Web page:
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Controversial housing development at Gilesgate Moor, Durham, to be place under spotlight
CONTROVERSIAL plans for a major housing development on a greenfield site on the outskirts of Durham City will come under the spotlight on Tuesday.
Durham County Council planning officers have recommended that outline permission be granted for 54 units on land to the north of Willowtree Avenue, Gilesgate Moor - despite overwhelming objections from nearby residents.
The authority’s area planning committee meeting (central and east Durham) will be also be asked to approve access to the site from the road between Willowtree Avenue and Broomside Lane.
Planning permission for homes on the site has been refused five times since 1973, with two appeals dismissed.
Belmont Parish Council has objected to the latest application on the basis of previous refusals and on the grounds that residents do not want more housing in the area.
Letters of objection have been lodged by residents of 14 addresses. Among their concerns are that the development would spoil the green approach to Durham City, with increased traffic on already busy junctions causing disruption to motorists from the High Grange Estate at peak times.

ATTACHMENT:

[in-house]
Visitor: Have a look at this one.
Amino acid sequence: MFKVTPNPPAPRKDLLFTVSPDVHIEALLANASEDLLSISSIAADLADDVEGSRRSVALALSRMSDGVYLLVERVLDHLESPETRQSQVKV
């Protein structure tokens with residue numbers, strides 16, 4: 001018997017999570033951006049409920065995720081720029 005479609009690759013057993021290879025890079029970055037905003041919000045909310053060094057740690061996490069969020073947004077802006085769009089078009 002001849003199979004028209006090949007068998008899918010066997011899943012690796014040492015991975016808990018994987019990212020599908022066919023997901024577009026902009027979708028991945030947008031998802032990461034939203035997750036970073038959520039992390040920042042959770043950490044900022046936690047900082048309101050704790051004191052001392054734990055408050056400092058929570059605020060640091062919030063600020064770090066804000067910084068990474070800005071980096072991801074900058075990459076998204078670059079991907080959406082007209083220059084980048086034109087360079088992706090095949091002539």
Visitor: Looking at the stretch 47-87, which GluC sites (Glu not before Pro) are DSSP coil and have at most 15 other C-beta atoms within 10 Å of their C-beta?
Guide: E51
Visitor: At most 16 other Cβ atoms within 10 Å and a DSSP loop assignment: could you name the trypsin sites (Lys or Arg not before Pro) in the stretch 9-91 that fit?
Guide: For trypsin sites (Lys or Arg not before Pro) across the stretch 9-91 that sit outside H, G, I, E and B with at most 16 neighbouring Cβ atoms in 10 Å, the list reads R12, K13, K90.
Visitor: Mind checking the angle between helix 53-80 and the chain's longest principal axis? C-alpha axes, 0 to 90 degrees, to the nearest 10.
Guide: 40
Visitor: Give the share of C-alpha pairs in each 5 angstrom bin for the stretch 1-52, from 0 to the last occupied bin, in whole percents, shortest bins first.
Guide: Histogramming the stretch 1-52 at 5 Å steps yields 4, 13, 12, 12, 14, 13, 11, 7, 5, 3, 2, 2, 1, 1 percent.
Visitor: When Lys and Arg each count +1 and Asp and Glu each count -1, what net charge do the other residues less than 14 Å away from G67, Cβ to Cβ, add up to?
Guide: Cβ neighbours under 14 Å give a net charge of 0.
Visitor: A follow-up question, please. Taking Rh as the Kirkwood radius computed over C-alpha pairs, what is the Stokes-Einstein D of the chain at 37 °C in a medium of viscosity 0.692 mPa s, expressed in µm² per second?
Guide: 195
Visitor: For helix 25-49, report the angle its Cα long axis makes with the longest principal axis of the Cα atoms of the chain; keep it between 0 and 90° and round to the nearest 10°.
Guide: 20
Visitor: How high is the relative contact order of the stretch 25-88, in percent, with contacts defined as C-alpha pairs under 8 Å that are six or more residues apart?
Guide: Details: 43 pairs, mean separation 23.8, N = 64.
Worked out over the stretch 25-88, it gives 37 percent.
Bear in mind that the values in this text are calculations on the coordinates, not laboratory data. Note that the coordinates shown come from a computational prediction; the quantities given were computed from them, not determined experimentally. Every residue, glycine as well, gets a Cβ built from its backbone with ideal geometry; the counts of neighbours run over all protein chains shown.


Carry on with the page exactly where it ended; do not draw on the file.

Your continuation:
There are also concerns over drainage, old mine workings and the potential for three-storey buildings that could overshadow existing housing.
The development will comprise dwellings with a mix of four, three and two-bedroom houses and single-bedroom apartments.
In his submission, applicant David Hutchinson of Brancepeth Village, near Durham, argues the site is included in the County Durham local plan as a preferred housing site.
He says the largely two-storey homes on the 1.49 hectare site will be accessed by a cul de sac, with footways on both sides.
The northern part of the site will remain undeveloped to keep a required distance from overhead lines.
Recommending approval, planning officers acknowledge the land’s loss for development would “alter the character of the area at a local level”.
However, they add, “to a large extent, development of the site could be read as a relatively logical extension of the existing developed area, which could be considered to round off the settled area which is hemmed in by Broomside Lane and the A690 and its slip roads”.
Highways chiefs have no objections.
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